Do ensure that provisions of the arbitration agreement are bilateral. In other words, the agreement should impose the same constraints and bestow the same benefits to both the employer and employee.


Don’t require the employee to arbitrate certain claims while allowing the employer to go to court on certain claims (e.g., injunctive relief).


Draft the agreement in clear and unambiguous language, and put the jury and class action waiver provisions in bold and conspicuous font.


Don’t forget to identify or attach the rules that apply to arbitration. At a minimum, provide a web link where employees can access the rules.


Provide an opportunity for employees to ask questions about the terms of the arbitration agreement. (E.g., include a sentence that says “If I have any questions about this document, I understand that I can contact the Human Resources department.”)


Don’t shorten the statute of limitations for the employee to file a claim. For example, requiring an employee to file a wrongful termination claim within three months of termination instead of the two years provided by statute would be unconscionable.


Consider including a clear and conspicuous “opt-out” provision allowing the employee to change his or her mind within 30 days of signing the arbitration agreement. (Judges love this provision and employees rarely change their mind).


Don’t limit discovery. Employees should be able to conduct reasonable discovery such as taking depositions and serving written discovery requests.


Employers should pay costs unique to arbitration (i.e., the employee should not be required to pay more than what he or she would incur for commencing a civil action in court).


Don’t designate an inconvenient forum. For example, if the employee works in Los Angeles, the employee should not be expected to arbitrate a claim in Kansas.


Ensure that the arbitration agreement permits both parties to conduct discovery and file dispositive motions.


Don’t use an unfair arbitrator selection process. The panel of arbitrators should be neutral and sufficiently populated to allow the employer and employee to select from a variety of arbitrators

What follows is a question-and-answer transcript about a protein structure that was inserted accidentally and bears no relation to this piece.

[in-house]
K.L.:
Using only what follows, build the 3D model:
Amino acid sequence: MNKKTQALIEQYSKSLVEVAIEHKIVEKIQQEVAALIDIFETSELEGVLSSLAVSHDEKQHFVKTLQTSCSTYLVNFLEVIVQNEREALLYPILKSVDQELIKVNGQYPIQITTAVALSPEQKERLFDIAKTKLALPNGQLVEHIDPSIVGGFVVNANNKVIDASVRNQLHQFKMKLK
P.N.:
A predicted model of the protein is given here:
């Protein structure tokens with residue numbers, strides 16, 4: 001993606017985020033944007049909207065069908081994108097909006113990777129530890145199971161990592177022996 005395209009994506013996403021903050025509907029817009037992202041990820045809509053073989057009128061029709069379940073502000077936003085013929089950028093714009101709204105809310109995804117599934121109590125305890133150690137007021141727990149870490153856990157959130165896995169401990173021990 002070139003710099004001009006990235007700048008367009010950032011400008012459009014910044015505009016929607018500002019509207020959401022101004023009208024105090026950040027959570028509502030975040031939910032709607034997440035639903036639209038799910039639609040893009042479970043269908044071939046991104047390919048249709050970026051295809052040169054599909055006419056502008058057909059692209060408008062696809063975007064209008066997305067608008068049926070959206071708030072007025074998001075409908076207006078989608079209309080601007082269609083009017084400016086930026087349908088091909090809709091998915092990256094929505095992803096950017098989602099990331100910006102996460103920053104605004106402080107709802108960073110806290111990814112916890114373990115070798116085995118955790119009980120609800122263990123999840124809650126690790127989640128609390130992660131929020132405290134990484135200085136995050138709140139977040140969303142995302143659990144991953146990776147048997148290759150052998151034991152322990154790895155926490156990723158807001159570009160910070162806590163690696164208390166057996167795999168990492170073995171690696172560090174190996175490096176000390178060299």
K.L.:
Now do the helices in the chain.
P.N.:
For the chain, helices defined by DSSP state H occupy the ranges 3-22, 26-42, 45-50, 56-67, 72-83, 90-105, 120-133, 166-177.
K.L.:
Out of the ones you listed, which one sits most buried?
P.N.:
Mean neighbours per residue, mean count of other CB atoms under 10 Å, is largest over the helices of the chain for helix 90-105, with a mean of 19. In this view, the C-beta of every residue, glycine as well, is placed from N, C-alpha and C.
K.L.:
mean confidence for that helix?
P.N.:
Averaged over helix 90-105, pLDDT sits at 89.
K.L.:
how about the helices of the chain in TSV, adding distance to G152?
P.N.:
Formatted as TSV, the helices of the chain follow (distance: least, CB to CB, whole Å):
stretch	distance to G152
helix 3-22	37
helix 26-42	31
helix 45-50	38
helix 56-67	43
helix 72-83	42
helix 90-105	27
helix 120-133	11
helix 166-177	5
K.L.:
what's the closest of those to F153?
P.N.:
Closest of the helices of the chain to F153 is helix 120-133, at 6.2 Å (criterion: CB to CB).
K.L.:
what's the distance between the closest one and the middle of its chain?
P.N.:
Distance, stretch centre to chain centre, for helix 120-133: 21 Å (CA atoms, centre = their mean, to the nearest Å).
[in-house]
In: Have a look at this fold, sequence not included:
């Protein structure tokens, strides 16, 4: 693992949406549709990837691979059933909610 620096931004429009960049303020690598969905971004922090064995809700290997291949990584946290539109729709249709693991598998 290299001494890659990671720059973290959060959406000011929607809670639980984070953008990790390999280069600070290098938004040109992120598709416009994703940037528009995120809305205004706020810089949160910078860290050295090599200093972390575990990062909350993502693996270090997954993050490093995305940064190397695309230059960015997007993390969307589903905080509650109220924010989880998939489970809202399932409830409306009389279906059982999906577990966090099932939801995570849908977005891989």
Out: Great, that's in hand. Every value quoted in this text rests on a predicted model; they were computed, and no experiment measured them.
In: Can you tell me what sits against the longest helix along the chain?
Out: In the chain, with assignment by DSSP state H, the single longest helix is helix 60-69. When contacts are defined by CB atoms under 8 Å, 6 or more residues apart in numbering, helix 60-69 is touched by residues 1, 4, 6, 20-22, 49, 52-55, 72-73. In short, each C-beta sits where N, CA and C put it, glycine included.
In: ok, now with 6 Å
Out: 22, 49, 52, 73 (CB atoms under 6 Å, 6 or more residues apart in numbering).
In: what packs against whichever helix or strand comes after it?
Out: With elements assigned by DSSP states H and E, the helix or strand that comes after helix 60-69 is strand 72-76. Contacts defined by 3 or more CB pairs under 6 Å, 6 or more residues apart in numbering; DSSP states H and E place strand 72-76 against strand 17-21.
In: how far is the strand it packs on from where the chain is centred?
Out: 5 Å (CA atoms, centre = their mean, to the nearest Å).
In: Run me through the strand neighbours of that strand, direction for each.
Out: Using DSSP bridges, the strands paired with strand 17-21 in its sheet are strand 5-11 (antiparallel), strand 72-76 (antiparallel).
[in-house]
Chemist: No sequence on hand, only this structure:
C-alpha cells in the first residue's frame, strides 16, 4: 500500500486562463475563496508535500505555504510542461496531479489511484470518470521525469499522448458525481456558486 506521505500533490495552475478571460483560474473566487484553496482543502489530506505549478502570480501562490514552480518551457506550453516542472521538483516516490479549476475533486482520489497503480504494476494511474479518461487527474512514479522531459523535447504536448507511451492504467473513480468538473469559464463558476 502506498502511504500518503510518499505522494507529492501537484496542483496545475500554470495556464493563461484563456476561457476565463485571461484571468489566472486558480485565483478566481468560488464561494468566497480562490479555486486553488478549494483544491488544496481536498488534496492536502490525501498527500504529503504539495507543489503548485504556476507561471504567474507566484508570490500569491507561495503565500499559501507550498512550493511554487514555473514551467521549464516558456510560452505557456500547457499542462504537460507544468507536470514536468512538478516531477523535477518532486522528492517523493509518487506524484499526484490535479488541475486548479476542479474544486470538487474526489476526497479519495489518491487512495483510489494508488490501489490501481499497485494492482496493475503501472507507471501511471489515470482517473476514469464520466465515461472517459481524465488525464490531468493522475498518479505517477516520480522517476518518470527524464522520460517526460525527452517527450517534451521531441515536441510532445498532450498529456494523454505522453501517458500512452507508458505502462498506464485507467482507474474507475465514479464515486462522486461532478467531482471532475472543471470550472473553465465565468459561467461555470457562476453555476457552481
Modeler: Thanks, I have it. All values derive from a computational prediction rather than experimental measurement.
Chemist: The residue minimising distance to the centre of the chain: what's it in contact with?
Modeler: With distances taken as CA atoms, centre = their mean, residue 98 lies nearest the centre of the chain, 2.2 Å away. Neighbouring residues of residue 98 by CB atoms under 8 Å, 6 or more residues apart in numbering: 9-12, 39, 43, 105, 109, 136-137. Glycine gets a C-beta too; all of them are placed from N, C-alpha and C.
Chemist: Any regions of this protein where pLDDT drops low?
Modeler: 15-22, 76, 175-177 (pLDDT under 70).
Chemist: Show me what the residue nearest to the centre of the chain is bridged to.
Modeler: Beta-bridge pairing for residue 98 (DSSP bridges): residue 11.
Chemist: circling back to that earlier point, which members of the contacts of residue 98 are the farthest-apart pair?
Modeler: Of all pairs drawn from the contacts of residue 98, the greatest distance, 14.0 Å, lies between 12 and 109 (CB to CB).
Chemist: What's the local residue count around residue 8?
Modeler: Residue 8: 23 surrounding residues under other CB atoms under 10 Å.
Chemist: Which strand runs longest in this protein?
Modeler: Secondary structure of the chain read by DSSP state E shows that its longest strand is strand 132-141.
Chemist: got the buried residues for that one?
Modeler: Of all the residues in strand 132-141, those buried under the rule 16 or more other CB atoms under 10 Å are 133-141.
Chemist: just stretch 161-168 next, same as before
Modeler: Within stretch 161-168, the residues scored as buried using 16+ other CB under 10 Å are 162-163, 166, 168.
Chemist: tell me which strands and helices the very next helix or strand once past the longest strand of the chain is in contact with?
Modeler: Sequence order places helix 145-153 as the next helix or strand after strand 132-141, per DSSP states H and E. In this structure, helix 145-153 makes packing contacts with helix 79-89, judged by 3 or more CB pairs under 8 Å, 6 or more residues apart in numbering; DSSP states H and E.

Marie represents employers in wage and hour class and representative actions. She also defends employers against wrongful termination, discrimination, harassment, retaliation and unfair competition claims in court, arbitration and administrative proceedings. Marie has extensive experience counseling employers regarding all aspects of the employment relationship and works with employers to develop strategies to prevent employment claims and create effective defenses to litigation. Marie counsels employers regarding performance management, termination, contracts, workplace investigations, medical issues, leaves of absence and employment policies and practices.

Jaclyn focuses her practice on representing employers in federal and state court litigation involving discrimination, harassment, retaliation, wrongful termination, unfair competition and wage and hour claims. She also counsels employers on a broad spectrum of day-to-day employment matters, including employee discipline, terminations, leaves of absence and wage and hour issues. In addition, she assists employers in drafting policies, employee handbooks and employment-related agreements to ensure compliance with California and federal laws while also serving the employer’s individual business needs. Jaclyn has experience drafting international employment agreements, equity compensation plans, student/staff interaction polices and has created employer training materials.